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Jocelyn Benson

congressional districts map of Southeast Michigan
Michigan House of Representatives

Michigan’s top elections official says the Legislature should act quickly to draw new maps for legislative and congressional districts.

A federal court struck down Michigan’s district maps as too partisan. The court ruled Michigan’s lines provide an illegal advantage to Republicans in many districts. Republican leaders in the Legislature say they will appeal the ruling.

ballot
Emma Winowiecki / Michigan Radio

Michigan voters are free to take a picture of their ballot before they leave a voting booth.

Secretary of State Jocelyn Benson has settled a 2016 lawsuit that challenged a ban on so-called ballot selfies. The ban on displaying completed ballots has been around since 1891.

pile of one dollar bills
Steve Carmody / Michigan Radio

The leader of the state Senate Republicans says he’s not in favor of Secretary of State Jocelyn Benson's call for candidates to disclose their financial information.

Last month, Benson said she wants the Legislature to pass bills that would require elected officials to disclose any outside income, investments, travel or gifts they got as candidates or after they were elected.

steve carmody / Michigan Radio

Michigan’s Secretary of State says it’s time to modernize her department’s 131 branch offices.

Jocelyn Benson spent the past few months visiting each office in all of Michigan’s 83 counties. 

She says she didn’t like what she saw.

“Too often people need to wait in line too long to have their business done with the Secretary of State’s office,” Benson told reporters at a news conference in Detroit Thursday. “It is unacceptable and it needs to change.”

Jocelyn Benson
Benson for Secretary of State

Michigan’s new secretary of state, Jocelyn Benson, has released details of her personal finances. She says this sort of disclosure should be required of all state elected officials.

She made more than $370,000 last year as the CEO of a not-for-profit organization and a law professor. That was before she took office in January. She has called for a law to require other state elected officials to make public their income sources and potential conflicts.

Democrat Jocelyn Benson
Rick Pluta / MPRN

New Secretary of State Jocelyn Benson is urging lawmakers to let absentee ballots be counted before Election Day, and to make other changes following the passage of a ballot initiative that expanded voting options in Michigan.

The Democrat says the number of absentee ballots is expected to increase significantly now that people can vote absentee for any reason. Benson wants clerks to be able to start counting ballots four days before Election Day.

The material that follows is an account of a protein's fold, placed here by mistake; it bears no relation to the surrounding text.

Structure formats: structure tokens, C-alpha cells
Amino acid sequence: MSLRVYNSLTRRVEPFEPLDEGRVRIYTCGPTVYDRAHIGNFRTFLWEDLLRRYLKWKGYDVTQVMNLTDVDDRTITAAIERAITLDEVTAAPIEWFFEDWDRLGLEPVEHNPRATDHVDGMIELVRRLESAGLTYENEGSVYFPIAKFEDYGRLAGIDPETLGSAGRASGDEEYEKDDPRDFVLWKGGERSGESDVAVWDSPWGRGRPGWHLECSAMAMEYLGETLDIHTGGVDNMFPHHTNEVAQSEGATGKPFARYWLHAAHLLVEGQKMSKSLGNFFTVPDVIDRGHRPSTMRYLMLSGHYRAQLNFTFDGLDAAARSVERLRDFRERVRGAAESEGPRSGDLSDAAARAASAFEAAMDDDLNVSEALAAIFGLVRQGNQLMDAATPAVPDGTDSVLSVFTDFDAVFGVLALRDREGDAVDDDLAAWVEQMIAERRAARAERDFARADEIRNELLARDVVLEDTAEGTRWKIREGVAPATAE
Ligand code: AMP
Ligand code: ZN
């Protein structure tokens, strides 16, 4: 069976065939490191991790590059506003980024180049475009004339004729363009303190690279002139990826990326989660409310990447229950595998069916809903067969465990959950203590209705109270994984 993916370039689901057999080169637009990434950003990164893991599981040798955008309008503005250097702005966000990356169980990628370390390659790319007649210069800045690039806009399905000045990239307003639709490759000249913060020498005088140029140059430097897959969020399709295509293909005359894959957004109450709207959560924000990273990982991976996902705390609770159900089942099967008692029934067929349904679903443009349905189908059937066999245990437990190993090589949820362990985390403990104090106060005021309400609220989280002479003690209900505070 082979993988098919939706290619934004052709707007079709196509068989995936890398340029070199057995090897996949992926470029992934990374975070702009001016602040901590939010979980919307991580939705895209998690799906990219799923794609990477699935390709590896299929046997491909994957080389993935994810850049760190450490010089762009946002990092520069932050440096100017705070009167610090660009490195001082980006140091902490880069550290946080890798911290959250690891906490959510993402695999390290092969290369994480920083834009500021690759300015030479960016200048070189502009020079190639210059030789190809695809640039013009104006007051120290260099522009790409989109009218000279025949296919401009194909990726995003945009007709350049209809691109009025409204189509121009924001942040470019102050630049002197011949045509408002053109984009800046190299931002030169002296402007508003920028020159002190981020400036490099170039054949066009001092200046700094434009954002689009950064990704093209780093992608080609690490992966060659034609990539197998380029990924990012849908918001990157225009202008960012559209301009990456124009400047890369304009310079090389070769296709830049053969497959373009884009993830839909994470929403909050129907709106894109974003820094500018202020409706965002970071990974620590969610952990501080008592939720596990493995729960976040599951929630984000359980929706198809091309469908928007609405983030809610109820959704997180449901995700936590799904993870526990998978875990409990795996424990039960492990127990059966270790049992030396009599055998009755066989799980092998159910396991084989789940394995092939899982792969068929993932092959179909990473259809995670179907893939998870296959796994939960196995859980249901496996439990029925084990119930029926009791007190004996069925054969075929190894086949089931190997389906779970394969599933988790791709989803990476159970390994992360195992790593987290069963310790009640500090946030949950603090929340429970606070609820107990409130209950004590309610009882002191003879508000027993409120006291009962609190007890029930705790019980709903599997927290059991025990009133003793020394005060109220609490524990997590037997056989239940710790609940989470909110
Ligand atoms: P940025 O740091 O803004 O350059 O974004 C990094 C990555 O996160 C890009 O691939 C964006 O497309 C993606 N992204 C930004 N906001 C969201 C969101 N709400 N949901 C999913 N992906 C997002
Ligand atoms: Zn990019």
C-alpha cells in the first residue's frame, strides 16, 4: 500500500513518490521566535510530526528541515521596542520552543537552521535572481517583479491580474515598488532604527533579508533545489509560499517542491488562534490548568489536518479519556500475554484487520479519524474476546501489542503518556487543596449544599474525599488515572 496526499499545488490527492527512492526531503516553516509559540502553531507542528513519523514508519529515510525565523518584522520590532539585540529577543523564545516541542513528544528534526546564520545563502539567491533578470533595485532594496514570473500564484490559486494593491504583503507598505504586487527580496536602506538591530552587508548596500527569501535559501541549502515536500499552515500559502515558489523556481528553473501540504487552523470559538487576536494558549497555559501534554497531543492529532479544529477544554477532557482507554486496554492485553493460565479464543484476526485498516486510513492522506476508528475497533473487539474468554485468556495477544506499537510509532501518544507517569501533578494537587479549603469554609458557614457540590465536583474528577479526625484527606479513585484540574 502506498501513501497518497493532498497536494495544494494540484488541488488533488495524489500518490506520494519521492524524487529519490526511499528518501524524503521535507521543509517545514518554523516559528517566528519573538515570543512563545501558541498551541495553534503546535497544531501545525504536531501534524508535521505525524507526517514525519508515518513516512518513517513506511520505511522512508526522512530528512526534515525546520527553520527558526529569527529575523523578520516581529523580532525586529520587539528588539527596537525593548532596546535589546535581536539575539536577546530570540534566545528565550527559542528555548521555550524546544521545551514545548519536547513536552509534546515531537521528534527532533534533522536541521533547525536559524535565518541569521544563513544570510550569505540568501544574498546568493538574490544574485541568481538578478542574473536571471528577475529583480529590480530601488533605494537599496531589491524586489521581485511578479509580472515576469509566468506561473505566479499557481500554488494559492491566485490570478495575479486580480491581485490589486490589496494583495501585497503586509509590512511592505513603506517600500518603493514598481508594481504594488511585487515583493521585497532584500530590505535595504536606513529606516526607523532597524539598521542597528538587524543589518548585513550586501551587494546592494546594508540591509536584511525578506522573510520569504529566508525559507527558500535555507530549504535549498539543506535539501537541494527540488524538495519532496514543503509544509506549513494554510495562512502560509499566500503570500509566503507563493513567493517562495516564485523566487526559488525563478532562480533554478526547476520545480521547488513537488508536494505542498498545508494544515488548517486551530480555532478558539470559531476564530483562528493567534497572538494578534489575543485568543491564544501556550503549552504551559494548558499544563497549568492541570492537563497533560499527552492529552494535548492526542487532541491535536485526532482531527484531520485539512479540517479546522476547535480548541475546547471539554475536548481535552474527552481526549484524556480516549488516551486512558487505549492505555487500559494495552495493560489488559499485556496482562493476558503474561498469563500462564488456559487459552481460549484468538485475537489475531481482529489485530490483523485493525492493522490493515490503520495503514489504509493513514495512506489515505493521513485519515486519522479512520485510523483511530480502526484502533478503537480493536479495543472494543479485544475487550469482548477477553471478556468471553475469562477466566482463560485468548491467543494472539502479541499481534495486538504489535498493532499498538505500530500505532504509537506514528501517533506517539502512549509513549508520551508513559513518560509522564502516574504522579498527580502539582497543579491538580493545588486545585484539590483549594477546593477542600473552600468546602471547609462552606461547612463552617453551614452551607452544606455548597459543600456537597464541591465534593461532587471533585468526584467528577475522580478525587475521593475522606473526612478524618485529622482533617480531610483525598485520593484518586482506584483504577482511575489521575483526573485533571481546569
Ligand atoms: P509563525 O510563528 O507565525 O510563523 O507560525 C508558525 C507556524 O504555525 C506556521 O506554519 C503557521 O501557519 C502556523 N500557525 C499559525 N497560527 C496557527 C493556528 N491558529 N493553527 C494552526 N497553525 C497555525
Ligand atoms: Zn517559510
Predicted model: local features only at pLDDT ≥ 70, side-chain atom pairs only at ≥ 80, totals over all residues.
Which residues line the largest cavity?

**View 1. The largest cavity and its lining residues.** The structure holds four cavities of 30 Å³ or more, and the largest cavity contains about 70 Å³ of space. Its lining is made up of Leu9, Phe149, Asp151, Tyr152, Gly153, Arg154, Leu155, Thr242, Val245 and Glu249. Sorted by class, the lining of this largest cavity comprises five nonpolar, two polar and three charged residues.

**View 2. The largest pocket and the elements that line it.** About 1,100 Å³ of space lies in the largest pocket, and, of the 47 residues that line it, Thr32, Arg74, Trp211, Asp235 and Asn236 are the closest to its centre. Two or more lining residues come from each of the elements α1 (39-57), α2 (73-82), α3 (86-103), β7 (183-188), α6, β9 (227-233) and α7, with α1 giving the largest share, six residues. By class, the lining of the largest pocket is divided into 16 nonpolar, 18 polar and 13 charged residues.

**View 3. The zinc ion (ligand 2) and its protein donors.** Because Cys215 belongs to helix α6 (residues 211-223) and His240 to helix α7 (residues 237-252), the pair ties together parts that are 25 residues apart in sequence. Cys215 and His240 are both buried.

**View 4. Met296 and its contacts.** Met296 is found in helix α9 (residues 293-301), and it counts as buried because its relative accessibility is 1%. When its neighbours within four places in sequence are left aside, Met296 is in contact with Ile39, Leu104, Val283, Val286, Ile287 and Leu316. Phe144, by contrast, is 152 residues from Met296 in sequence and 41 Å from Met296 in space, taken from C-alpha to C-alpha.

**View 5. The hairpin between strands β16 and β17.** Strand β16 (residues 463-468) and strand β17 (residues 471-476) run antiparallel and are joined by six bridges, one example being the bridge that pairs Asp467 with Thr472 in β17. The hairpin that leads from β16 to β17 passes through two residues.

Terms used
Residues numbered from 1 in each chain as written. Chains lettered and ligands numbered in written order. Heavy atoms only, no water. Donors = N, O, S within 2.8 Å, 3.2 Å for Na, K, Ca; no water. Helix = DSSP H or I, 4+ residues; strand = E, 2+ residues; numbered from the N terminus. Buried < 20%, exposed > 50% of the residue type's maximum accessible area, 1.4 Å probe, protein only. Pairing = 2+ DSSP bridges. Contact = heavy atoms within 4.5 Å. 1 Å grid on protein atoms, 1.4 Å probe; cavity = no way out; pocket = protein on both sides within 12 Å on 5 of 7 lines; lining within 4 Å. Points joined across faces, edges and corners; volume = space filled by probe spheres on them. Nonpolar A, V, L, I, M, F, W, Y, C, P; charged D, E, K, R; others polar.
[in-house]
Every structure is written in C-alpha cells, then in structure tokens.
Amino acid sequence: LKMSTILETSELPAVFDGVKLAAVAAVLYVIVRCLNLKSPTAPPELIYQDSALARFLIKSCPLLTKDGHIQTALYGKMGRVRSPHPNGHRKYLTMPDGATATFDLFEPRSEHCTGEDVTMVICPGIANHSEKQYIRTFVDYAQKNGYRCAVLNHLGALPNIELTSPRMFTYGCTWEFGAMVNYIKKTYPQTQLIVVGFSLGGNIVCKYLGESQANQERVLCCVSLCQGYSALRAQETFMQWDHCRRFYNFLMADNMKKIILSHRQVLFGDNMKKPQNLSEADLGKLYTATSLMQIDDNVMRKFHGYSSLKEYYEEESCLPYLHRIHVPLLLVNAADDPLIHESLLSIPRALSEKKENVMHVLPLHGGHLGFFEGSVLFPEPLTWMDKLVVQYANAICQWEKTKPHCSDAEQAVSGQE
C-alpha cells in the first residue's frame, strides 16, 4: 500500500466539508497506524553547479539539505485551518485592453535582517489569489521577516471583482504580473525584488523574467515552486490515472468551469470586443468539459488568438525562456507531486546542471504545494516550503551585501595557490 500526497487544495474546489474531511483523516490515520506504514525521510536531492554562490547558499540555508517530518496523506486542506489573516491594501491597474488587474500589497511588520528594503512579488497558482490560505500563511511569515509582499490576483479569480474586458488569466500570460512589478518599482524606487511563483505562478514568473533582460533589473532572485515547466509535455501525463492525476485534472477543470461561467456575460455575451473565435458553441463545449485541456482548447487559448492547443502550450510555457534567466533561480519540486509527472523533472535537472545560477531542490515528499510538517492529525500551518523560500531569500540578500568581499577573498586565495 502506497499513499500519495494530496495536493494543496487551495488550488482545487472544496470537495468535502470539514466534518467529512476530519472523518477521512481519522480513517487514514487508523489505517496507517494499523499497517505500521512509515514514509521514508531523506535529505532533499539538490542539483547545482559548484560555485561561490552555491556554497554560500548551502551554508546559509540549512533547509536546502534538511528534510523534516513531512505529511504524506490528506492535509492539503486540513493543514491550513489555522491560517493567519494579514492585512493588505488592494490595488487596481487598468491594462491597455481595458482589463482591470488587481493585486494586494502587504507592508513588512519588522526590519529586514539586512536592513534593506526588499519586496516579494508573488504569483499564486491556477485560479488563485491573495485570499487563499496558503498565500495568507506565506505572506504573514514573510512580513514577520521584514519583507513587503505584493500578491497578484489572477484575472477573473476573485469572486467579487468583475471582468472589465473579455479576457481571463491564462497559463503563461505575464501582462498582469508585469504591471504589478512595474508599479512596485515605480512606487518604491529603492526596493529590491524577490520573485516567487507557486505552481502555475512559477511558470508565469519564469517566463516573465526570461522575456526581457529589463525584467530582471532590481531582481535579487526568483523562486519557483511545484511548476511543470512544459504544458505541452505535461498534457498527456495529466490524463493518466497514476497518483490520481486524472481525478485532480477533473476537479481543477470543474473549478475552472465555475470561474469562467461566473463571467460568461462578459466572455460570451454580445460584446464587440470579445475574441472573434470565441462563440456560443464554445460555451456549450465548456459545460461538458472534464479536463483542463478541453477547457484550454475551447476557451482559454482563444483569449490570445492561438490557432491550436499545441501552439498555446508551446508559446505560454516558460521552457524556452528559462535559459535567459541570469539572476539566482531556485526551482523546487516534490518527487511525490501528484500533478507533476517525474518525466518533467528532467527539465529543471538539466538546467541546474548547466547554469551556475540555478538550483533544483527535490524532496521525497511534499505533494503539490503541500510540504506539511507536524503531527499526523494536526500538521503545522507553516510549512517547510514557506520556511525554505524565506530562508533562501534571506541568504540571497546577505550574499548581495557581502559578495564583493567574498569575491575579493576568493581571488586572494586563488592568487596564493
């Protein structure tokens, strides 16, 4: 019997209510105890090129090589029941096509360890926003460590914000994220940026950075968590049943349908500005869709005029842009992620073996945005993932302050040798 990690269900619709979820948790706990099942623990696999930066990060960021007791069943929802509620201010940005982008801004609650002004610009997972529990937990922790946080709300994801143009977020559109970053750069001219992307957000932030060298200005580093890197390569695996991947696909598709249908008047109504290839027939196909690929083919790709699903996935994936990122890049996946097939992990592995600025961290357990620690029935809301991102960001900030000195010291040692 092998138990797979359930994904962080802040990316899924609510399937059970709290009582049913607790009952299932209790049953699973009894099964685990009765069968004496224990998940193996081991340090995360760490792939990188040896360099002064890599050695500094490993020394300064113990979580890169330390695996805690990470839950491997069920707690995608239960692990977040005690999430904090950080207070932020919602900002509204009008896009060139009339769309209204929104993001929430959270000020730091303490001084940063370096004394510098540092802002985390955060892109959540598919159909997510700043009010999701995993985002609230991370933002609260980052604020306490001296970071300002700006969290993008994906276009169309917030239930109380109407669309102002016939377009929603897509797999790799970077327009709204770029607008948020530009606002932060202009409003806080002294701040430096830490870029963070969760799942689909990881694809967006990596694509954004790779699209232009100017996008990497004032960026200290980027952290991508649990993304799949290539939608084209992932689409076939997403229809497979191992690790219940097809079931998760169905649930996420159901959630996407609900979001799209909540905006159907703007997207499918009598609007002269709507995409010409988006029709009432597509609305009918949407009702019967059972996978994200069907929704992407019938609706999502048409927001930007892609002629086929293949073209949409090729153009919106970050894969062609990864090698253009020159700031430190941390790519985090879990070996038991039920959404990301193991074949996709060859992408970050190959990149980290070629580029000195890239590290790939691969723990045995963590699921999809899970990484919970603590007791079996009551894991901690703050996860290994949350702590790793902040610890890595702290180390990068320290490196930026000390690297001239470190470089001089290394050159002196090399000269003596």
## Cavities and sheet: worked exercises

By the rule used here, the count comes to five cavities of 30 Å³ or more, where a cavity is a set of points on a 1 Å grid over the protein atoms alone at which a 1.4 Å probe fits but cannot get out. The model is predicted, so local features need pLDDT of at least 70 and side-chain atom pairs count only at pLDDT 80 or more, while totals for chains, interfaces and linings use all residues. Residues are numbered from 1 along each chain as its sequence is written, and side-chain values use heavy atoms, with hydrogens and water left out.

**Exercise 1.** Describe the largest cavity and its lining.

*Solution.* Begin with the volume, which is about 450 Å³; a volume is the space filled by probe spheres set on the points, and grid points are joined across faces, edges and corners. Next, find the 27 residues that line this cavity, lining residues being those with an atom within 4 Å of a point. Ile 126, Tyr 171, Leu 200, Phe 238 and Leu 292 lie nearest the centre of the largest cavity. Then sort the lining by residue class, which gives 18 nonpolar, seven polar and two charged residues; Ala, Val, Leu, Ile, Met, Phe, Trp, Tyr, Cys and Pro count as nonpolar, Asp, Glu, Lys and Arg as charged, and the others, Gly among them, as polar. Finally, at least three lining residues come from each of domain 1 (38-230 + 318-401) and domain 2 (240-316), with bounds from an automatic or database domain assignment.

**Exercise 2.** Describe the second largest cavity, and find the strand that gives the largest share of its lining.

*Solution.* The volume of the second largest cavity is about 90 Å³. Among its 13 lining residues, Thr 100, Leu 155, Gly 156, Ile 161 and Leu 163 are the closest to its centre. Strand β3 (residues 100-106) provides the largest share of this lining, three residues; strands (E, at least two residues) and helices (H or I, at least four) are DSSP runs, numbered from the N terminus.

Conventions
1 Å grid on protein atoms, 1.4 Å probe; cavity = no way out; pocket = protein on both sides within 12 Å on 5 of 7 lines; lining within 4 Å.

A detail Michigan congressional district maps drawn in 2011.
Michigan Department of Technology, Management, and Budget

Today on Stateside, how recent developments in a federal gerrymandering lawsuit could shift some Michigan congressional and state legislative districts ahead of the 2020 election. Plus, on Martin Luther King Jr. Day, we hear from Michigan State University Dean Emeritus Robert Green about his experiences working alongside Dr. King during the Civil Rights Movement. 

Listen to the full show above or find individual segments below. 

Jocelyn Benson
Benson for Secretary of State

Secretary of State Jocelyn Benson plans to challenge a new law that could make it tougher to collect signatures to initiate legislation or ballot proposals.

Previously, organizers collected signatures by county with no limit on how many could be gathered.

The new law limits the number of signatures that organizers can collect from voters in any given congressional district.

Jocelyn Benson
Benson for Secretary of State

Today on Stateside, the partial government shutdown hit the two week mark today. Is there a compromise in sight? Plus, the EPA reversed a ban on a popular insecticide produced by Michigan-based DowDupont, despite evidence that the EPA based its decision to scrap the ban on misleading science.

jocelyn benson and mary treder lang
Benson for Secretary of State / Mary Treder Lang for Secretary of State

In the state of Michigan, the Secretary of State oversees public notaries, vehicle registration and automotive licensing, and, perhaps most importantly, serves as the state’s chief elections officer. 

This November, Michiganders will vote to replace incumbent Ruth Johnson (R), who cannot run again due to term limits. Election security and how to best preserve the integrity of Michigan votes are key issues in this race. 

Ballots
Flicker / http://j.mp/1SPGCl0

The state's voting system needs to be improved to ensure that overseas military ballots are received on time and counted, according to Jocelyn Benson, Democratic candidate for Michigan Secretary of State.

Benson unveiled her military voting plan Tuesday, as part of her pledge "to make it easier to vote and harder to cheat."